Despite tough talk, Biden would make Beijing more powerful than ever

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In a recent speech, delivered virtually before the Munich Security Conference, President Biden adamantly declared, “We have to push back against the Chinese government’s abuses and coercion that undercut the foundations of the international economic system.”

“Everyone must play by the same rules,” he added.

Earlier in February, the White House issued a similarly strong statement following the first phone call between Biden and Chinese President Xi Jinping. According to the White House, Biden raised “fundamental concerns” about various problems in China, including “coercive and unfair economic practices, crackdown in Hong Kong, human rights abuses in Xinjiang, and increasingly assertive actions in the region, including toward Taiwan.”

Although Biden’s statements are undoubtedly important and should be welcomed by Americans of every political persuasion, it is hard to imagine Beijing is shaking in its boots over Biden’s tough talk.

For starters, Biden has repeatedly excused, overlooked or explained away the significant dangers posed by China’s rise to power.

For example, on the campaign trail in Iowa in 2019, Biden downplayed the threat posed by China.

“China is going to eat our lunch? Come on, man! The fact that they have this great division between the China Sea and the mountains in the East—I mean in the West,” Biden said.

“But guess what, they’re [China] not competition for us,” Biden later added.

Biden also has a long record of refusing to take Chinese human rights violations as seriously as he should.

For instance, during the same 2019 speech in Iowa, Biden said the Chinese are “not bad folks, folks.” And as recently as last week, Biden remarked that the absolutely egregious treatment of millions of Uighurs by the Chinese government is due to “different norms” related to culture.

It is true that at times, Biden has promised repercussions for the various abuses of the Chinese government, but he has offered no meaningful specifics or concrete plans. And while describing his recent phone call with President Xi, Biden acknowledged that Xi understands – the phrase Biden used was “gets it” – that the president of the United States is politically and culturally obligated to speak out against China’s many abuses, but that there is still a lot of room for the two countries to work together. That hardly sounds like something that would inspire real change in Beijing.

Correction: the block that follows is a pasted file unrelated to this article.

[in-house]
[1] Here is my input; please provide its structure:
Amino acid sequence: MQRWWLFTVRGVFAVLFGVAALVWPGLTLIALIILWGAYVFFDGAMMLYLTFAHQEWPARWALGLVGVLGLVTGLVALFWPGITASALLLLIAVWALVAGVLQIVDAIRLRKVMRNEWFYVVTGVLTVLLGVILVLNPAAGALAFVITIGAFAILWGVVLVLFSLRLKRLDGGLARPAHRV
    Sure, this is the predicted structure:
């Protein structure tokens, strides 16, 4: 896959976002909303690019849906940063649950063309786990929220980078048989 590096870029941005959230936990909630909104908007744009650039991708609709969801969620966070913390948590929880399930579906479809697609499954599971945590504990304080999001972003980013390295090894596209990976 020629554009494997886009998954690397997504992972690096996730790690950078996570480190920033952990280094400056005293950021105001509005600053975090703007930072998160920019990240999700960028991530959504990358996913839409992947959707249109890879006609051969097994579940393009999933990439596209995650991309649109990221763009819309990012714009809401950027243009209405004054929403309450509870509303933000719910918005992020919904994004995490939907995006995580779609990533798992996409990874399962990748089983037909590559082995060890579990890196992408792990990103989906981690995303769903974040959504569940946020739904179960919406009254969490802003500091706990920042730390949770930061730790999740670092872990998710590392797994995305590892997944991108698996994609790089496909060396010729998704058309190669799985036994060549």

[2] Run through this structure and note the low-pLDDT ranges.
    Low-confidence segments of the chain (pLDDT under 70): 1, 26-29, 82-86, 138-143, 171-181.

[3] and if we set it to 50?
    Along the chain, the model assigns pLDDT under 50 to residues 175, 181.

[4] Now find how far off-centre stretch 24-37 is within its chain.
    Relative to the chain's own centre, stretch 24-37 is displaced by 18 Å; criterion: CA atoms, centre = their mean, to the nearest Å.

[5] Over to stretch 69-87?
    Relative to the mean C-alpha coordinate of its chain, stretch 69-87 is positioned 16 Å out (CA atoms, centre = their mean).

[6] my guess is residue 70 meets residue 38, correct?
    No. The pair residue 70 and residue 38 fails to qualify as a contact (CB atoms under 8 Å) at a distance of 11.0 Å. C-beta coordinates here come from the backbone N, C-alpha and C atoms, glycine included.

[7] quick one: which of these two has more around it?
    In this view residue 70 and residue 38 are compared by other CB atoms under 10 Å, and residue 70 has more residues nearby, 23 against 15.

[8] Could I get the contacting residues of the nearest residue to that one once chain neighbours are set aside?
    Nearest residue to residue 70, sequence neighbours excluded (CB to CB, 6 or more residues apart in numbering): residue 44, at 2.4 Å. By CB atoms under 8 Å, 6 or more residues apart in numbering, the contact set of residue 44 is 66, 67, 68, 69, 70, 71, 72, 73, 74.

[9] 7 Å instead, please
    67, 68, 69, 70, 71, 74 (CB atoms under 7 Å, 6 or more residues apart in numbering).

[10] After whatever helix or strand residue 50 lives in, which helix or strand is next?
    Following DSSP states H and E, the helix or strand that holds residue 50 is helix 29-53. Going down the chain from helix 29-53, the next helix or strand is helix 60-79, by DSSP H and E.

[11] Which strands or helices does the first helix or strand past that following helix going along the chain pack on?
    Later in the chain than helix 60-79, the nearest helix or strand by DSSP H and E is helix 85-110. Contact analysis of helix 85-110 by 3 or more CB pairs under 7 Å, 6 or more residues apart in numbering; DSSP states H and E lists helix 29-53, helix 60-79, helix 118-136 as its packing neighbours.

And then there’s Biden’s son, Hunter. He is still heavily invested in Chinese business interests (at least for now), despite numerous waves of criticism. It is a remarkable conflict of interest, one that appears similar to the complaints routinely made by critics of the Trump family during Donald Trump’s four years in office. 

But perhaps the most important reason China is almost certainly not worried about Biden’s seemingly empty threats is that many of Biden’s policies would directly and substantially benefit China.

For example, Biden’s demand for a $15 federal minimum wage would result in substantially higher costs for businesses and 1.4 million fewer jobs by 2025, according to a February report by the nonpartisan Congressional Budget Office

These additional costs would be especially problematic for U.S. manufacturing, which has long been in decline due in large part to China’s lower labor costs, currency manipulation, substandard working conditions and other economic policies.